Ljubicic joins the FFT as Director of the “Ambition 2024” mission

The FFT is counting on Ivan Ljubicic to bring his “winning culture” to the nation

Ivan Ljubicic Ivan Ljubicic at the 2018 Australian Open (Chryslene Caillaud/Panoramic)

The FFT are hoping that Ivan Ljubicic, the former world No 3 and ex-coach of Roger Federer, can help them transform their set-up and culture. The Croatian has been appointed director of ‘Ambition 2024’, a new project that is intended to focus on Paris’s forthcoming Olympic Games.

According to the press release. Gilles Moretton and his team hope Ljubicic will bring his experience and winning mindset to the FFT.

“His approach to tennis, focused on performance at every moment and down to the smallest detail, is driven by the winning culture that we want to instill in our French hopefuls – all this without ever turning away from the essential human values that the Federation shares,” explained the FFT president.

Gilles Moretton, 2021
Gilles Moretton, 2021 – © FFT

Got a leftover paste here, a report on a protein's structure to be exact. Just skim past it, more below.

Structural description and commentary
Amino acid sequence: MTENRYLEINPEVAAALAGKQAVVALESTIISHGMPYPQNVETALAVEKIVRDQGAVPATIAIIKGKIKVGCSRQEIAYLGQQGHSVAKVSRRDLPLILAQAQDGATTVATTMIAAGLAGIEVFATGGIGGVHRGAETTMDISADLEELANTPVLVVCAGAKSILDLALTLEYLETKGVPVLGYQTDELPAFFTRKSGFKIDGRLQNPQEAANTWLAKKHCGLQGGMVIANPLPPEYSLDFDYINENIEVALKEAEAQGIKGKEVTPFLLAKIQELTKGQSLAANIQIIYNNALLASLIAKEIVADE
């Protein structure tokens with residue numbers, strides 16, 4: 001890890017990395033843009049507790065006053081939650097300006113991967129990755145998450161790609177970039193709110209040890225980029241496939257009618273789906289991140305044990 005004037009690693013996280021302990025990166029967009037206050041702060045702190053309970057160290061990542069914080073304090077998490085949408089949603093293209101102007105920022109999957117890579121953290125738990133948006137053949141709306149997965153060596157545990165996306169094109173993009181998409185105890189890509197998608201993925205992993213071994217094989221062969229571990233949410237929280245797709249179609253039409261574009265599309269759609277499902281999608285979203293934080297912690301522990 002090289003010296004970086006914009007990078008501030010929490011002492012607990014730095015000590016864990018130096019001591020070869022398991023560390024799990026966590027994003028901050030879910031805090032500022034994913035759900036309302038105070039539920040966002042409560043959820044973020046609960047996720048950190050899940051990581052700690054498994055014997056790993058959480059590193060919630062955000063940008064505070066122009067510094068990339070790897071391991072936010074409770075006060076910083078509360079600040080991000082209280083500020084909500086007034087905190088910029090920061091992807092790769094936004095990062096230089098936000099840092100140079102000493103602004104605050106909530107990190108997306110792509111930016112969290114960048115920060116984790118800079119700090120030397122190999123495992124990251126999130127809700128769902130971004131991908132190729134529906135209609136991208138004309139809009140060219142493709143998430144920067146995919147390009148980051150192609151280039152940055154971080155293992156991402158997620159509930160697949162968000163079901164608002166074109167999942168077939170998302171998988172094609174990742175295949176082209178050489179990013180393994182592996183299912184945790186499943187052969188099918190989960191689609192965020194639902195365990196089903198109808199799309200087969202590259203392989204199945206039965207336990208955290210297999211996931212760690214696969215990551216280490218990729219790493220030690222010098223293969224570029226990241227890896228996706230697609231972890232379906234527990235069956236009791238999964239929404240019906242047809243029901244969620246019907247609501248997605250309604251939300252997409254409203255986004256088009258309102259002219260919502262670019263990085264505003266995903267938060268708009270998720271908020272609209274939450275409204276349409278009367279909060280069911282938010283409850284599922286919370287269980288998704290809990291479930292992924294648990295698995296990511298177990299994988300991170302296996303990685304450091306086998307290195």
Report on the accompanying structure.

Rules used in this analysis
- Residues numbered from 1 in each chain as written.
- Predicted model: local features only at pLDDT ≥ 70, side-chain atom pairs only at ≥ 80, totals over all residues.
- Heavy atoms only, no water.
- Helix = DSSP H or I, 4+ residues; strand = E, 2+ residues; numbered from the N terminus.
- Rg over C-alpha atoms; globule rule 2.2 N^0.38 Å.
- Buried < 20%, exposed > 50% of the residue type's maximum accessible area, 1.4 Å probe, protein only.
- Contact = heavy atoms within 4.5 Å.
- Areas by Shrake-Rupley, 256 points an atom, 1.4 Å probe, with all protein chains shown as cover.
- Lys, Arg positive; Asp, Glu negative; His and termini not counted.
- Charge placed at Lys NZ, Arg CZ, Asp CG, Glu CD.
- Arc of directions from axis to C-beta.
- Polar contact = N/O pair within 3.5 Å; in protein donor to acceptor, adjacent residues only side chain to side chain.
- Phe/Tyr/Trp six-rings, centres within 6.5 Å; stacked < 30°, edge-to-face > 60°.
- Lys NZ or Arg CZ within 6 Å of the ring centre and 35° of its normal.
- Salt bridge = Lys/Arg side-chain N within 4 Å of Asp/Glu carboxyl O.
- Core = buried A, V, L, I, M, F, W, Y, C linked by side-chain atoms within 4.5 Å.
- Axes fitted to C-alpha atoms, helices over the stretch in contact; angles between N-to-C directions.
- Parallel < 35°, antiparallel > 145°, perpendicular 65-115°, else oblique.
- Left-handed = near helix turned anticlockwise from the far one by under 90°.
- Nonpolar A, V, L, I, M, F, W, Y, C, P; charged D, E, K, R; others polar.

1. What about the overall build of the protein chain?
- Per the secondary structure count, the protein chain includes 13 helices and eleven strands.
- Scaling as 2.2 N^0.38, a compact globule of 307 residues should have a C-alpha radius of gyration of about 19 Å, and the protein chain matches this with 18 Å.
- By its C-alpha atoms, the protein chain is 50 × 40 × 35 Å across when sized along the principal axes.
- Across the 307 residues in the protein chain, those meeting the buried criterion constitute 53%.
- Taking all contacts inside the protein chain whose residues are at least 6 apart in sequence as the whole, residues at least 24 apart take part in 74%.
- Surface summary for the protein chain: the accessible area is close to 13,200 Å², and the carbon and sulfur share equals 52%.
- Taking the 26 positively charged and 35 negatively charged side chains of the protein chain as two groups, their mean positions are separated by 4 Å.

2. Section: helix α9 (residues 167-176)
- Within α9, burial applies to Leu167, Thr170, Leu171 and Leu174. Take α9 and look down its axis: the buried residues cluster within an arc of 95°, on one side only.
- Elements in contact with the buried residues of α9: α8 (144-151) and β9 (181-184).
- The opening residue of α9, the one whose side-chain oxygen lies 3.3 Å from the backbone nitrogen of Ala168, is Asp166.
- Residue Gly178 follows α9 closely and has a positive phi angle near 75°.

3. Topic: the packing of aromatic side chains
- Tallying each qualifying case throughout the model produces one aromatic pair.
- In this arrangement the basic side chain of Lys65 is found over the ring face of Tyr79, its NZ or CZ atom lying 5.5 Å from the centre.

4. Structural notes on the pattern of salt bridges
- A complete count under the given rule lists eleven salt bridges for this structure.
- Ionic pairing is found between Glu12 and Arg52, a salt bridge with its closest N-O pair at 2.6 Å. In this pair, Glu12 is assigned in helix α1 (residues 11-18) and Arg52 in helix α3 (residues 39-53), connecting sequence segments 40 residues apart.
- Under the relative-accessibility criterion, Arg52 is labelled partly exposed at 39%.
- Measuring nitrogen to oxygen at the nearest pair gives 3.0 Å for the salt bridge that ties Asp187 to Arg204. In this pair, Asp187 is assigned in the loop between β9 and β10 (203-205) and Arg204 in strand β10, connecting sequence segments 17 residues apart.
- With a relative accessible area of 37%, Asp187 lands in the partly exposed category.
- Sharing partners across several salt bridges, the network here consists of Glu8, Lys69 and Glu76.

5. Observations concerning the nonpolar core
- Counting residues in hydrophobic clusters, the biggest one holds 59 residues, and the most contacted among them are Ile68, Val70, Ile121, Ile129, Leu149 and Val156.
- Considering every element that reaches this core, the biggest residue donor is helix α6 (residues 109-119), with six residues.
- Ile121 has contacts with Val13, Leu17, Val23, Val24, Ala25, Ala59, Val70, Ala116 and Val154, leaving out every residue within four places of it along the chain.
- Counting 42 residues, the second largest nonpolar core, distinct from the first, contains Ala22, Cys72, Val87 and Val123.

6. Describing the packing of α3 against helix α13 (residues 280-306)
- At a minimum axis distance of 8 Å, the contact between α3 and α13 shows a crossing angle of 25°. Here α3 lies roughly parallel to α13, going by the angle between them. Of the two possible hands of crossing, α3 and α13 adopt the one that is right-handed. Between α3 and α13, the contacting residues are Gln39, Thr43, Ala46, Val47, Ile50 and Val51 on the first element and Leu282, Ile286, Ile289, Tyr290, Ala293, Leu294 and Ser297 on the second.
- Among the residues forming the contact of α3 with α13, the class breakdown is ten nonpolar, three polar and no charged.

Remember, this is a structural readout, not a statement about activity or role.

Ljubicic will have three months of observation as a first step

Ljubicic will work alongside Nicolas Escudé, Paul-Henri Mathieu and Pauline Parmentier to observe the over-14s talent pathway. From a base in Monaco, Ljubicic will begin with a three-month tour of French tennis to get his own idea of the areas in which it is most important to make some changes.

“I am very happy to join the French Tennis Federation, one of the federations in the world that devotes the most resources to developing the potential of its young people. France has a very rich and promising pool of talent and I am putting my experience to work in this new challenge with total commitment and a strong desire to share the values that forge champions,” Ljubicic was quoted as saying in the FFT press release.

The Croatian also gave an interview to the newspaper L’Equipe on Tuesday in which he explains that he still does not understand why the French players continue to struggle despite the FFT resources they draw upon – creating an “interesting challenge” for him to grapple with.

“I feel that there are many areas where I can help with my approach to the game, my mentality. I’m going to try to make the young guys realise that they can really do it, that they can be ambitious, that they can have high goals. That feeling has maybe been lost over the last 10 to 15 years in France.

“It’s a bit like Real Madrid not having won anything in a long time. In a way, that’s also how I started with Roger (Federer), who hadn’t won Grand Slam titles for four years. It’s kind of the same feeling that I have. There’s so much potential in France, with so many young people playing good tennis.”

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